Last June, Ramsay Solutions kicked Caitlin O’Conner to the curb. Although she claims she was fired for being pregnant, the company said she was terminated for having premarital sex, which goes against evangelical Ramsay’s company’s “righteous living” policy. Now, O’Conner, the former administrative assistant for Ramsay’s company, has filed a federal lawsuit against the Tennessee-based company because she was fired after telling her bosses that she was expecting, which she says violates the Family Medical Leave Act.

However, Ramsay’s company filed a motion to have the case dismissed on the grounds that she was not fired for being pregnant but for engaging in premarital sex, which resulted in pregnancy. The company, which works in the media and events industry, claims to have fired eight other employees for violating their ban on premarital sex since 2015. The company includes sex outside of marriage as a violation of one of their “core values,” as a corporation founded on religious values. Five of the eight people who were fired for having premarital sex were men, which seems to indicate that the company practices the policy against both men and women.

When O’Conner told her bosses that she was pregnant, she simultaneously told them that she had engaged in sex outside of wedlock. She was not married to her partner at the time of her announcement. Her bosses used the pregnancy announcement as a confession of premarital sex and axed her promptly.

Tennessee has a history of supporting religious corporations like Ramsay’s. The state is an “at-will state,” which means it empowers companies to fire employees for reasons that are not protected by law. Ramsay has taken advantage of this fact to weed out people he did not want to work for his corporation.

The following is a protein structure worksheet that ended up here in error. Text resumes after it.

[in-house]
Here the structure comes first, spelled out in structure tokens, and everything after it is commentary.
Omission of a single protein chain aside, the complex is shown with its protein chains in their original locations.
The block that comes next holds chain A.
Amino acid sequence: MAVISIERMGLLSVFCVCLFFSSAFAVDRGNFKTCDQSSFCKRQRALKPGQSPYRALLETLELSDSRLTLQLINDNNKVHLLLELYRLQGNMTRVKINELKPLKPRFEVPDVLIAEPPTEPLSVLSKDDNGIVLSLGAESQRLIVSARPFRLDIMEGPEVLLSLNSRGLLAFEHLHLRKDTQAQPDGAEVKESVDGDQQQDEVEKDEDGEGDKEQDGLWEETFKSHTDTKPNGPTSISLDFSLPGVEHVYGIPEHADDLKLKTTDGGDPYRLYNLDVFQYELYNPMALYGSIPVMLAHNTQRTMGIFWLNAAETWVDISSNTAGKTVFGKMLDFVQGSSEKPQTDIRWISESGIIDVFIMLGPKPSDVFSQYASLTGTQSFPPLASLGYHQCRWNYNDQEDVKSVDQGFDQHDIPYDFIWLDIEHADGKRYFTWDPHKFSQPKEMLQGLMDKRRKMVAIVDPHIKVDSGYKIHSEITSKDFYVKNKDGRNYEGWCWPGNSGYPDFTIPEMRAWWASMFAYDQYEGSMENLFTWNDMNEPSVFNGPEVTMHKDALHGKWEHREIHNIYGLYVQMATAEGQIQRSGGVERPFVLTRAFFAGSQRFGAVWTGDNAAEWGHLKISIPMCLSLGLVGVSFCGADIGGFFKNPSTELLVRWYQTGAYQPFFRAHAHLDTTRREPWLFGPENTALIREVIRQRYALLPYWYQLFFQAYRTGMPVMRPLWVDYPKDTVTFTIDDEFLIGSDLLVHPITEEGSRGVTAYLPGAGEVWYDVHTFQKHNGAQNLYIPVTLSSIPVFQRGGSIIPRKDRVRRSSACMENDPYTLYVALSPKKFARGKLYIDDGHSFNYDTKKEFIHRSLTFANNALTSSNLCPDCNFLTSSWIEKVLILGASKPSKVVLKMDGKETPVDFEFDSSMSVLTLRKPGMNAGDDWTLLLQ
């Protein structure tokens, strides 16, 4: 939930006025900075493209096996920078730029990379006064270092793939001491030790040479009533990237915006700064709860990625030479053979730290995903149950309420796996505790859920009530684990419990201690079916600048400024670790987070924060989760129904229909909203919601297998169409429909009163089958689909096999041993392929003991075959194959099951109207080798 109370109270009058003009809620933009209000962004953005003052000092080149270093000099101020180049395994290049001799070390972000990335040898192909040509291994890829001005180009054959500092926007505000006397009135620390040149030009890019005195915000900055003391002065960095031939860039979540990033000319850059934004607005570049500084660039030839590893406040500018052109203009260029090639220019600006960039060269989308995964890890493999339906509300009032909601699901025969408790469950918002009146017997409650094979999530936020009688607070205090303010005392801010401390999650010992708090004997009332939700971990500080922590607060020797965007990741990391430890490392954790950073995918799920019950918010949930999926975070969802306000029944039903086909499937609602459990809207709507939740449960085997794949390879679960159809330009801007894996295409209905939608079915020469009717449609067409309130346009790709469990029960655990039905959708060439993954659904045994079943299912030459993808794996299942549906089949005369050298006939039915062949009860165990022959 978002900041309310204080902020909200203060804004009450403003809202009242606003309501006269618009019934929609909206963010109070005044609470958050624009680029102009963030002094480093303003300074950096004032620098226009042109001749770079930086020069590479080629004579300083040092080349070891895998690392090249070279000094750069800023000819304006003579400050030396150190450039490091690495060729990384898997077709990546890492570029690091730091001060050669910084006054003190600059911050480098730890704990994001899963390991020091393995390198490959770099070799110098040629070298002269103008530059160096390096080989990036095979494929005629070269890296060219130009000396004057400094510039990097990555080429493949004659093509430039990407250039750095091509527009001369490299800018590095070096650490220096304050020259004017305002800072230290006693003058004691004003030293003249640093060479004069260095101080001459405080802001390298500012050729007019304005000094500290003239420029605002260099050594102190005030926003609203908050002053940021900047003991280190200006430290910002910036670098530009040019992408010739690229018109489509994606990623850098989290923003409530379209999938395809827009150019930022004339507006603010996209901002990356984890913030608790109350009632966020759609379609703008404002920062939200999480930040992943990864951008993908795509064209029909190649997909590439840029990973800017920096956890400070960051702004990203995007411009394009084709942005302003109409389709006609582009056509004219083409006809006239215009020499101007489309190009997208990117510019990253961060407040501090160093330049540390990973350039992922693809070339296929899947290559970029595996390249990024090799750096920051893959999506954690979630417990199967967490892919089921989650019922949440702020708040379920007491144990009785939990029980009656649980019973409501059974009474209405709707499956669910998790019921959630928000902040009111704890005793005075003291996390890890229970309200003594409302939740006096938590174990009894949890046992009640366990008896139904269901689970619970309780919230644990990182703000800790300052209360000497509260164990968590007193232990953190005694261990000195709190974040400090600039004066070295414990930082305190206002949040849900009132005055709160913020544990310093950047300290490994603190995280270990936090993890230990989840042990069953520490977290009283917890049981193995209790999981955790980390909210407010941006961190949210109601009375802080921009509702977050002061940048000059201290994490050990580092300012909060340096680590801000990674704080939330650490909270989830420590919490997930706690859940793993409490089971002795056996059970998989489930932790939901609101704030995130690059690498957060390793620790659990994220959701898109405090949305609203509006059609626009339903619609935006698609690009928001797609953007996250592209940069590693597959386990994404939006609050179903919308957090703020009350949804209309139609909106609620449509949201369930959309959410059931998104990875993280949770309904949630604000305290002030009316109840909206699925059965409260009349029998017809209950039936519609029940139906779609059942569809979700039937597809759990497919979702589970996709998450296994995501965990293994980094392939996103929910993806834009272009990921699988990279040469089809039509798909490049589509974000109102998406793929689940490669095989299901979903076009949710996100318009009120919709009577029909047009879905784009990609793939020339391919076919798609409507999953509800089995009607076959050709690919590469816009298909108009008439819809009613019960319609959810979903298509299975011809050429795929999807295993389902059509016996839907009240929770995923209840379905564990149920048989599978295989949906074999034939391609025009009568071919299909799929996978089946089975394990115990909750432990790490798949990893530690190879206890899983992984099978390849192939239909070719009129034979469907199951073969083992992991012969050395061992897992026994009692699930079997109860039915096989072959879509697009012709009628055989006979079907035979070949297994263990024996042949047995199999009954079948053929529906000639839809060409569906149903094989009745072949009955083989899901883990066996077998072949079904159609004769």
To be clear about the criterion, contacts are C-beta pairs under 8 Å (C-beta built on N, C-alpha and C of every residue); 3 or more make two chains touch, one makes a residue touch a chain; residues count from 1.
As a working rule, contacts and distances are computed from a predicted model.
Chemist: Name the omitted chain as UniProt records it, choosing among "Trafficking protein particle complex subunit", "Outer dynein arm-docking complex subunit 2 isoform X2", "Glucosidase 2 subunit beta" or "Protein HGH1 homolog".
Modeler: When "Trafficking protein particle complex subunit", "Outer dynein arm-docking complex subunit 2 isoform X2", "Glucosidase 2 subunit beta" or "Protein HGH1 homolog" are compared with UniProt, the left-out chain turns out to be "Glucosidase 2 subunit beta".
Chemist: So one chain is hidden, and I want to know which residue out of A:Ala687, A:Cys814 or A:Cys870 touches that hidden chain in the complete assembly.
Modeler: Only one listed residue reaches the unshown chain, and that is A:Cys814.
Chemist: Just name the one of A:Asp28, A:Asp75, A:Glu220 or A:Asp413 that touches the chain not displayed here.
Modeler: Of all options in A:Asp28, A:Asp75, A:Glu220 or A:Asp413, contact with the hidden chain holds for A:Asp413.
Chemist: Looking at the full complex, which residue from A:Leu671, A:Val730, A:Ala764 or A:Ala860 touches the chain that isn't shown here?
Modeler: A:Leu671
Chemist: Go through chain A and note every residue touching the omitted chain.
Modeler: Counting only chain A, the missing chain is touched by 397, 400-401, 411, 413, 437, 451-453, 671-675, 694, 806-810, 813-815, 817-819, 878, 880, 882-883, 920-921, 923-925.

In a motion related to the lawsuit against Ramsay Solutions, the company said that it “does not maintain an exhaustive list of conduct that can lead to employee discipline because ‘it is neither practical nor required.”

The official rule, according to the company handbook, is the following:

“Should a team member engage in behavior not consistent with traditional Judeo-Christian values or teaching, it would damage the image and the value of our goodwill and our brand. If this should occur, the team member would be subject to review, probation, or termination.”

According to the lawsuit, the company handbook does not explicitly ban premarital sex. This omission is crucial to her making her case in court. She also fears that the company may be interpreting Christianity in a way that does not support the religion’s mission.

“Christianity should not be punitive, hateful, vengeful, or judgmental’ and that it does not ‘give a right to invade people’s private lives.”

Jennifer Bennett Shinall, a Vanderbilt University law school professor who focuses on discrimination, questions how Ramsay’s company is not biased toward women.

“It is certainly going to be more obvious because of pregnancy,” she said. “It is going to be more obvious if a woman is engaging in premarital sex than men.”

Do you think employees should be fired for having premarital sex?

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